Saturday, June 2, 2012

Other quotes (II): Pío Baroja

Spanish writer Pío Baroja (1872-1956), asked by a journalist about literature, circa 1918, also talks about music: 
[Works that look old, too touched up] are the ones which provoke enthusiasm in audiences. It happens in literature as well as in music - generally, unless the listener recalls the melody they will not like the work. Summing up will always be successful, because its context is already there [...] This kind of summing-up works may have some new elements, but the fewer new elements in them, the better they're liked by the audience.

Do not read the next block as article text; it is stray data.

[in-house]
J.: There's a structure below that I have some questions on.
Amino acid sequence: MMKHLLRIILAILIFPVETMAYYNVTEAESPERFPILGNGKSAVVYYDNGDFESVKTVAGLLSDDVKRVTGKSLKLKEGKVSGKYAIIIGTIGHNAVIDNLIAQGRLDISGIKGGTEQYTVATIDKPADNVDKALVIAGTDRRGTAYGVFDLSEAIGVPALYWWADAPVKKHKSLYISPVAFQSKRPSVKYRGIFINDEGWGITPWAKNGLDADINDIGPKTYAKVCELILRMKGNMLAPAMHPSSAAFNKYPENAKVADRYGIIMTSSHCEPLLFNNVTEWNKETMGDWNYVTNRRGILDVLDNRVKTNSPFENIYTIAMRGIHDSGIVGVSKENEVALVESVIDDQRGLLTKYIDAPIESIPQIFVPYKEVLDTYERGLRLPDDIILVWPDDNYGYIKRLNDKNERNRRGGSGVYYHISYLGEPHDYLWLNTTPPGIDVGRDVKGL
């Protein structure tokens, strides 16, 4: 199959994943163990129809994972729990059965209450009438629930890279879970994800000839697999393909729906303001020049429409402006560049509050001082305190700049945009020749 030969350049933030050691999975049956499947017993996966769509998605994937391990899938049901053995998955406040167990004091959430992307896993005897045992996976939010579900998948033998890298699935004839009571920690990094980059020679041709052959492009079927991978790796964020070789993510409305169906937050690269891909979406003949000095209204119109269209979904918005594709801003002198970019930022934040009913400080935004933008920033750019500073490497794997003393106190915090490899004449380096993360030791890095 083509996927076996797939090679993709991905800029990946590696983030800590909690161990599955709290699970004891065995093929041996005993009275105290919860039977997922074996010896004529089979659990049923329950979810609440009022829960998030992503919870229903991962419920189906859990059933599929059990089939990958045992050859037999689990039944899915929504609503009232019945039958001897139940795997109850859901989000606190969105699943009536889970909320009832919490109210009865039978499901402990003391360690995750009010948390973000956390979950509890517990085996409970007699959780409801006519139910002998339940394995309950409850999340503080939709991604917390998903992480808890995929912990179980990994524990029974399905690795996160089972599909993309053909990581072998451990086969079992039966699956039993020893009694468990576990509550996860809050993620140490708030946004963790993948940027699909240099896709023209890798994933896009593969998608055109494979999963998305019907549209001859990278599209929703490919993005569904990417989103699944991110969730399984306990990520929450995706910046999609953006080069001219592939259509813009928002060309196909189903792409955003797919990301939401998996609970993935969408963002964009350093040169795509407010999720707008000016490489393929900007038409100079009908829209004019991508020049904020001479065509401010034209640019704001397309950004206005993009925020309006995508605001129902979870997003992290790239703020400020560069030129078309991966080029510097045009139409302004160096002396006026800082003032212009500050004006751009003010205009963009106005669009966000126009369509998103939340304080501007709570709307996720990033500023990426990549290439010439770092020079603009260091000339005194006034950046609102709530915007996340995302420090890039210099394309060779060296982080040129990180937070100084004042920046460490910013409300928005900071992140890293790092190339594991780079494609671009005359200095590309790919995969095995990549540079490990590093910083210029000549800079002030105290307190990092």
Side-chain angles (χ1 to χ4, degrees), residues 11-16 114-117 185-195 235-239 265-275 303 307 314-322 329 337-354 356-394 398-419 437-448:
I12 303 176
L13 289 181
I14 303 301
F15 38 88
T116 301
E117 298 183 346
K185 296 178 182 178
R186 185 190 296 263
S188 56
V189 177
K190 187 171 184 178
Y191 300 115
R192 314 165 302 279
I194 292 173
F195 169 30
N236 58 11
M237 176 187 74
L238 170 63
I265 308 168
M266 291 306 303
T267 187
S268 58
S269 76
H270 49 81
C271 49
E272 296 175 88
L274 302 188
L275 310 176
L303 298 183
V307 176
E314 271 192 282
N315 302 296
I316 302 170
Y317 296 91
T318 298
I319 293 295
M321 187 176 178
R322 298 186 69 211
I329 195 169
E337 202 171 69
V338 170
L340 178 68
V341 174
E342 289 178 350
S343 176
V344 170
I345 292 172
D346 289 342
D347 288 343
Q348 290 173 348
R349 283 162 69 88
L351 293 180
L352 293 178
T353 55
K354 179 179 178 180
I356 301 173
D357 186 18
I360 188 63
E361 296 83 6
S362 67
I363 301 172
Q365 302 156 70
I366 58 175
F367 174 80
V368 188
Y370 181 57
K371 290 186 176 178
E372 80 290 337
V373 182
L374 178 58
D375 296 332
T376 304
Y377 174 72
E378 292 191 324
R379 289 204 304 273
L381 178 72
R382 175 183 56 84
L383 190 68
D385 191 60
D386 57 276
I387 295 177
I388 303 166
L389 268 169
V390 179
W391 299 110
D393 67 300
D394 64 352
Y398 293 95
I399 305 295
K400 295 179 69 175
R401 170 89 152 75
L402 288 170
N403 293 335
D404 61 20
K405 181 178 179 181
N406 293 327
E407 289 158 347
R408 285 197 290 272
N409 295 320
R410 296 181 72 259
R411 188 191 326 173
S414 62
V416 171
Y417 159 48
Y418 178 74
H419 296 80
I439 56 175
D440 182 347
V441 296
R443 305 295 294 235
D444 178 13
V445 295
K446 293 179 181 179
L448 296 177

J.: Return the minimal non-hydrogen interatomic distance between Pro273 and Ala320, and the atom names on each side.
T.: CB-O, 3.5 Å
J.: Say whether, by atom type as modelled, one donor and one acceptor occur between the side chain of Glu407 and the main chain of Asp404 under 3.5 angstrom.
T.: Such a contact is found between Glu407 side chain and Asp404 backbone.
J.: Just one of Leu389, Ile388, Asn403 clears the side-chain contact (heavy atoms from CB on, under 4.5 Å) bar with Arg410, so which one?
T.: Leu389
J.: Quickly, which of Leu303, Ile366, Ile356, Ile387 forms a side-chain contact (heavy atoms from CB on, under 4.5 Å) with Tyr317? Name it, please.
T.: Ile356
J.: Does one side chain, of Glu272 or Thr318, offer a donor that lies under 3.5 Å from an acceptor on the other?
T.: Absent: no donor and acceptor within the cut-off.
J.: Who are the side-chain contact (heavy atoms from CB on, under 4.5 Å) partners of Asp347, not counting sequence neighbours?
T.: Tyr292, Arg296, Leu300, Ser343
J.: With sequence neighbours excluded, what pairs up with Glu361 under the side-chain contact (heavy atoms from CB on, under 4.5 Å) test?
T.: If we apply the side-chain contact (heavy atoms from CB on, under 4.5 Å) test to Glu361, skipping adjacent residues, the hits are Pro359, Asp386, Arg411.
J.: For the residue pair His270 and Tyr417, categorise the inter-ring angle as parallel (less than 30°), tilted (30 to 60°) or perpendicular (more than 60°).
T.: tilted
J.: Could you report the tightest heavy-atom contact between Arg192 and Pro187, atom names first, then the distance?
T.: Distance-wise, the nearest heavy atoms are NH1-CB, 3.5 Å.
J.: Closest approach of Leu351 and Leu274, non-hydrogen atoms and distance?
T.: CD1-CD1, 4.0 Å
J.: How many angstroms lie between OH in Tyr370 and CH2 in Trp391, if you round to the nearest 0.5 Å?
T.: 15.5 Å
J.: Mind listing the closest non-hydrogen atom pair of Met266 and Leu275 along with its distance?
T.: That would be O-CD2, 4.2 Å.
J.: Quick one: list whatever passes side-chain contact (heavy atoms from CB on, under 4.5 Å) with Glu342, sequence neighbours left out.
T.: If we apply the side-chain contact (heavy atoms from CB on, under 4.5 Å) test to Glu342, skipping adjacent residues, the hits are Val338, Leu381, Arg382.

Soon after he places himself within the audience.
Waltzes have always been very suggestive to me. Even though they're so worn down, so overused, they still affect me.
Pío Baroja, Las Horas Solitarias
(Ediciones 98, Madrid 2011, pp. 330 y 333)

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